(photo credit: ISRAEL WEISS)
But the Lord hardened the heart of Pharaoh’ (Exodus 9:12)
One of the more difficult theological problems raised in the Book of Exodus is precisely this verse, in which the Bible declares that it was God who hardened Pharaoh’s heart to be impervious to the cries of his forced laborers. To be sure, during the first five plagues it was Pharaoh himself who was responsible for his stubborn cruelty, who hardened his own heart. Now that we have come to the sixth plague of boils, how can we blame the Egyptian monarch if it was God who prevented him from freeing his Hebrew slaves? Such conduct on the part of the Creator of the Universe goes against those very axiomatic standards by which the world and humanity first came into being. “And God said, Let us make a human being in our imagine and like our likeness…” (Genesis1:26), to which the Sforno comments that only the human being has untrammeled and independent freedom of moral choice: The “angels” act with knowledge and recognition, but are totally functional and devoid of volition, and whereas God is volitional, He cannot, by definition, choose evil; God is consummate goodness.
This biblical commentary is therefore saying that the human being is created with the capacity to choose to do even that which God would not have wanted him to do – as we certainly see in the unfolding stories of the Book of Genesis again and again.
So how can it be that God hardened the heart of Pharaoh, preventing him from hearkening to God, Moses and the Hebrews, preventing him from repentance? And our biblical text iterates and reiterates God’s hardening of Pharaoh’s heart, not only once but four more times, with reference to the plague of hail (Exodus 10:1), the plague of locusts (10:20), the plague of darkness (10:27), and the plague of the death of the first-born (11:10).
How can God hold Pharaoh responsible for a heinous and ongoing crime when it was He, God, who prevented Pharaoh from repenting? And where was Moses’ freedom of moral choice? The Sforno, in a most creative interpretation, does not believe that God prevented Pharaoh from repenting: “Had Pharaoh wished to submit himself to the Divine Will, may He be blessed, and to return to Him in complete repentance, there would have been nothing to serve as a deterrent. Behold, when God, may He be blessed, says, I shall harden the heart of Pharaoh, it merely means that [Pharaoh] will be strengthened the suffering of the plague, and not release the Hebrews because of his fear of the plagues….” (Exodus 7:3).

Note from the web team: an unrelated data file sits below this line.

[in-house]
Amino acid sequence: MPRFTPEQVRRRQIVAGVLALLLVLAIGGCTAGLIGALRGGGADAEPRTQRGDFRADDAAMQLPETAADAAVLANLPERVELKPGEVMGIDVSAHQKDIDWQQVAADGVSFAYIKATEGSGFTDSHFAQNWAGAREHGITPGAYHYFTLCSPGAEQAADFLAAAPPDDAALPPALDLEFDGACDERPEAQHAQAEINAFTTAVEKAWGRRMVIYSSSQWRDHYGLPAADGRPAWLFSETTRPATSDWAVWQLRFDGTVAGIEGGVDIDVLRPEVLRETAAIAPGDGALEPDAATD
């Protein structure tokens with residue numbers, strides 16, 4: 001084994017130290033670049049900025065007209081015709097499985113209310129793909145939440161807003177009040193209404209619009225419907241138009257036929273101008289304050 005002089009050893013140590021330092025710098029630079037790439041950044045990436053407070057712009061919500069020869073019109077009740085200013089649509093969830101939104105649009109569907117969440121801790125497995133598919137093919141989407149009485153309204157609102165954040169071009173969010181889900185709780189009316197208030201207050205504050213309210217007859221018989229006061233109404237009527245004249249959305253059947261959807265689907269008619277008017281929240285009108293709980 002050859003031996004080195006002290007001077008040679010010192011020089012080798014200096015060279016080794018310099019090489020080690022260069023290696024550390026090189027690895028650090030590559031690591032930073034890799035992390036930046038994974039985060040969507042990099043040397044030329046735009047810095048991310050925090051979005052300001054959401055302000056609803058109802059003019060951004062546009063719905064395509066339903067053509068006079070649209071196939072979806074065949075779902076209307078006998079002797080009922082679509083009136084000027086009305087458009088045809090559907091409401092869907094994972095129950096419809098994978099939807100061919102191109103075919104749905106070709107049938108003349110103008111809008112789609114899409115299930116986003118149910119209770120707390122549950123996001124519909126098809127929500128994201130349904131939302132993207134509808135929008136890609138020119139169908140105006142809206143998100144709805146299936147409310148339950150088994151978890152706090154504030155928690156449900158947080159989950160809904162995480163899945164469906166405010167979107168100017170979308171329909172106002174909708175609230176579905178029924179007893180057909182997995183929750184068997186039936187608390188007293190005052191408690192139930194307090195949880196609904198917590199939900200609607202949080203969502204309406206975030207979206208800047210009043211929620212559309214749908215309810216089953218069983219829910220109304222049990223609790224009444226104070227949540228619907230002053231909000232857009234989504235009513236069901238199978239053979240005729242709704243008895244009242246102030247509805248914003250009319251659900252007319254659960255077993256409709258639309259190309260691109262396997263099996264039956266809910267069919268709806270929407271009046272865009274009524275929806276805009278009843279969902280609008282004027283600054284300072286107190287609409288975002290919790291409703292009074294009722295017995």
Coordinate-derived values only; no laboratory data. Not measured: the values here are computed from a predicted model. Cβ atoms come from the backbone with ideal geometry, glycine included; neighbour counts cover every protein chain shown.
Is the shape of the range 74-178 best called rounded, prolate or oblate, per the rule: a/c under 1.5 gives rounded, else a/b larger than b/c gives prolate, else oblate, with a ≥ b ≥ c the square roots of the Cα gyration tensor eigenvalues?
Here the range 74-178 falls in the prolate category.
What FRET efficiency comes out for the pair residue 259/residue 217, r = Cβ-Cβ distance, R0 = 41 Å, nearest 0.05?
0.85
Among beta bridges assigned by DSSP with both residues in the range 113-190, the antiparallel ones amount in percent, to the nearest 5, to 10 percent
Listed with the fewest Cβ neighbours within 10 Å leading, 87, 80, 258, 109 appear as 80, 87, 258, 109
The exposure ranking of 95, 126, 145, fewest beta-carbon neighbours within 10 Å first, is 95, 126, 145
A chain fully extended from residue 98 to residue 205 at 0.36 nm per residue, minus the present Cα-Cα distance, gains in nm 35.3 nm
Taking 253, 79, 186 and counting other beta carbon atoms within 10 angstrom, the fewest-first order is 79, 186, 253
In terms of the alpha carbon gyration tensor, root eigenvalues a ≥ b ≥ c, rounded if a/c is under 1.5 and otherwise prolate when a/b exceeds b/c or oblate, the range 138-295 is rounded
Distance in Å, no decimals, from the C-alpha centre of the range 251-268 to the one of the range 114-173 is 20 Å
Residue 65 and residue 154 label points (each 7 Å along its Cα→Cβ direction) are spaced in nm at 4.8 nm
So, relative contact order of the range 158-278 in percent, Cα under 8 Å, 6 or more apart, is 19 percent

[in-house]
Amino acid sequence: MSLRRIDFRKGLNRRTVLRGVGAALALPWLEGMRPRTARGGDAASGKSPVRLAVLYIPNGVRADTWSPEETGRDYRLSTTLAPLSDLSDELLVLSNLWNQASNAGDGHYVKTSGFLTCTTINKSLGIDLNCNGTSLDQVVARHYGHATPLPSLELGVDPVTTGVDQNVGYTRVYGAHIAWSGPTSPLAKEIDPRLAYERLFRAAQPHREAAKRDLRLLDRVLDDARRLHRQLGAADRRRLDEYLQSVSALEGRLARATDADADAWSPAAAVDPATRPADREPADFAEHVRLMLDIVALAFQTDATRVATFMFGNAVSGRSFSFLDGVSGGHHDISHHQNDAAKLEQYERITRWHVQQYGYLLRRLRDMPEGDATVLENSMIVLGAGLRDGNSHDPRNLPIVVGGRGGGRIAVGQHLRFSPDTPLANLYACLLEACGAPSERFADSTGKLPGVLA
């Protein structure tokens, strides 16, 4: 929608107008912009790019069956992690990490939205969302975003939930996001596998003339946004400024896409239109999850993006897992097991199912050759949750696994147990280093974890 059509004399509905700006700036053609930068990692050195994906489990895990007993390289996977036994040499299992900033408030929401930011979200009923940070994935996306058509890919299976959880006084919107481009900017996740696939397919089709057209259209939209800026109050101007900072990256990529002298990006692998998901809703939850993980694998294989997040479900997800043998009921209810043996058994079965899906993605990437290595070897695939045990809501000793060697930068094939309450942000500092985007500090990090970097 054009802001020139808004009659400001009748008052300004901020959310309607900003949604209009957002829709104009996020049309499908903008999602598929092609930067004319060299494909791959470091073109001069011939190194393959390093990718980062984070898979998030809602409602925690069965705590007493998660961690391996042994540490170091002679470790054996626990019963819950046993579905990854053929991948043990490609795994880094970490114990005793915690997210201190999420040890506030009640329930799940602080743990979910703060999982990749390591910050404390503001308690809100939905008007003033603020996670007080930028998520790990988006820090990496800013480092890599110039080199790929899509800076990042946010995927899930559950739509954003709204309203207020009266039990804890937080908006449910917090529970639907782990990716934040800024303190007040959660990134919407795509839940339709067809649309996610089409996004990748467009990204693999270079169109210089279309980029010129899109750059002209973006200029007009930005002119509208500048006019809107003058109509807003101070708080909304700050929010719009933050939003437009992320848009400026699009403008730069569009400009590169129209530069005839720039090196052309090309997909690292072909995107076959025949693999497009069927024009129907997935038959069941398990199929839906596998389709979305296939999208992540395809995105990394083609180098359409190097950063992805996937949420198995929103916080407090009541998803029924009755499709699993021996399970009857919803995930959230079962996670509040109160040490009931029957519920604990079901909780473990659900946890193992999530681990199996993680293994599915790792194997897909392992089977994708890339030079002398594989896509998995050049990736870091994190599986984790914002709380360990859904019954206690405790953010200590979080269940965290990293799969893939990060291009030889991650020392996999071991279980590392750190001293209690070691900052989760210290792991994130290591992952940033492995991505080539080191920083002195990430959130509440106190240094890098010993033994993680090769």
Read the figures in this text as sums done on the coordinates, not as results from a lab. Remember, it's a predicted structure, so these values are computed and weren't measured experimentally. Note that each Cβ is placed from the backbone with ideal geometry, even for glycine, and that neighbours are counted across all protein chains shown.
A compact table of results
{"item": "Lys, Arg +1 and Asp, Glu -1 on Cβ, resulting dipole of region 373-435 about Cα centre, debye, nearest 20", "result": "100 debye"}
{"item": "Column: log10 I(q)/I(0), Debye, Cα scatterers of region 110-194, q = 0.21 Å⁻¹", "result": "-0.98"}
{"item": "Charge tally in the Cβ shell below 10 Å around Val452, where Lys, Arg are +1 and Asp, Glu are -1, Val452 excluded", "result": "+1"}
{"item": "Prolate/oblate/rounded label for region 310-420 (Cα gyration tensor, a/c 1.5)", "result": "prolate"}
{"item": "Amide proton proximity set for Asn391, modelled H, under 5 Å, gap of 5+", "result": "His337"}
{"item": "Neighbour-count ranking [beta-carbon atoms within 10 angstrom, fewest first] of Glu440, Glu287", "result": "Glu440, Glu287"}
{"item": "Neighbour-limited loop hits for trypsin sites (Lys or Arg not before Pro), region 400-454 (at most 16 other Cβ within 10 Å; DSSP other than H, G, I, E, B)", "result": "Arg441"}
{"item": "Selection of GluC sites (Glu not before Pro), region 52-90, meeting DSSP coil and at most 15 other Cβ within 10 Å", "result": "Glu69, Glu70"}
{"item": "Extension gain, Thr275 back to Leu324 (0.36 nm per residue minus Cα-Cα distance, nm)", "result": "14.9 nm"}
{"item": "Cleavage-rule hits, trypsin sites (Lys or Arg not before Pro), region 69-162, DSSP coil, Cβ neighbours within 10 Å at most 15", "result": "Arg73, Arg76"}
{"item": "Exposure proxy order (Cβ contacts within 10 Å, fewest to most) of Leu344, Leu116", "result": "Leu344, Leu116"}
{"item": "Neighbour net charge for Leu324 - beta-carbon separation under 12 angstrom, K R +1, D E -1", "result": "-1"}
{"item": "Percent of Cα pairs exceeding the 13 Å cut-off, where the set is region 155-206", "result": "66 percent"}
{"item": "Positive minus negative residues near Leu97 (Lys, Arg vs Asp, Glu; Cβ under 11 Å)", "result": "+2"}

The Sforno is almost turning the verse on its head by insisting that in hardening Pharaoh’s heart from “running scared” and freeing the Hebrews, He was only enhancing Pharaoh’s freedom to make moral decisions; God was removing the malaise and mayhem being wrought upon Egyptian society by the plagues from becoming the cardinal reason for his sending the Hebrews out, which would have made the decision not at all a matter of morality but rather an issue of political expediency.
On the basis of this commentary, the logic of the plagues becomes much clearer. During the second plague of frogs, Moses explains that the reason for the horrific discomfiture, the turn-around of the Nile from being a life-giving god of Egypt into becoming a macabre and ridiculous repository of blood and frogs is “in order that you may know that there is none like the Lord (YHVH) our God”; and the fourth plague of swarms of insects is “in order that you know that I am the Lord (YHVH) in the midst of the land”.
In the beginning of our biblical portion of Va’era, God’s opening words are: “I am the Lord YHVH; I appeared to Abraham, Isaac and Jacob as El Shaddai, powerful God of omnipotence, but with My Name YHVH I did not make Myself known to them. Therefore say to the Israelites: I am YHVH; I shall take you out from under the burdens of Egypt…” (Exodus 6:2, 3, 6).
What is in a Name? It is the most understandable partial definition of a being whose very essence insists that “he” will ultimately remain incomprehensible to mortal humans.
The Hebrew letters of YHVH, in accordance with their vocalization, spell out the very “He will effectuate”; given the content, it means that He (God) will bring about redemption – freedom for the Israelites and ultimately freedom and redemption for all humanity. It is in the future tense because God acts in history (“I will be who I will be”) and it is open-ended, because the God of history acts in concert with Israel and the nations, and is thereby “limited” by their actions or lack thereof.
Most important of all, the root noun HVH, as in ahava, means love, as our talmudic Sages understood when they defined this particular ineffable Name of God (the Tetragrammaton) as referring to the God of love and compassion (Hebrew: midat harahamim, Exodus 34:6, Rashi ad loc). And therefore the God who loves humanity will turn His back, as it were, upon those who exploit, enslave and murder innocent human beings.
This is the lesson that God wanted to teach Pharaoh, totalitarian ruler of the most powerful nation at that time. God, YHVH, the unique creator and owner of all of creation who loves His creation, will act in history and in the world to free all slaves and redeem all who are oppressed. Hence, it was crucial that God harden Pharaoh’s heart to free him from succumbing to pressure from the plagues; Pharaoh had to free the Israelites only because he recognized the ultimate authority of the one God whose universal laws of freedom must govern the world if there is to remain a world. ■ Shabbat shalom Va’era, Exodus 6:2 - 9:35, is read on January 17.
Rabbi Shlomo Riskin is founder and chancellor of Ohr Torah Stone institutions and the chief rabbi of Efrat. His acclaimed series of parsha commentary, Torah Lights, is available from Maggid Books, a division of Koren Publishers Jerusalem.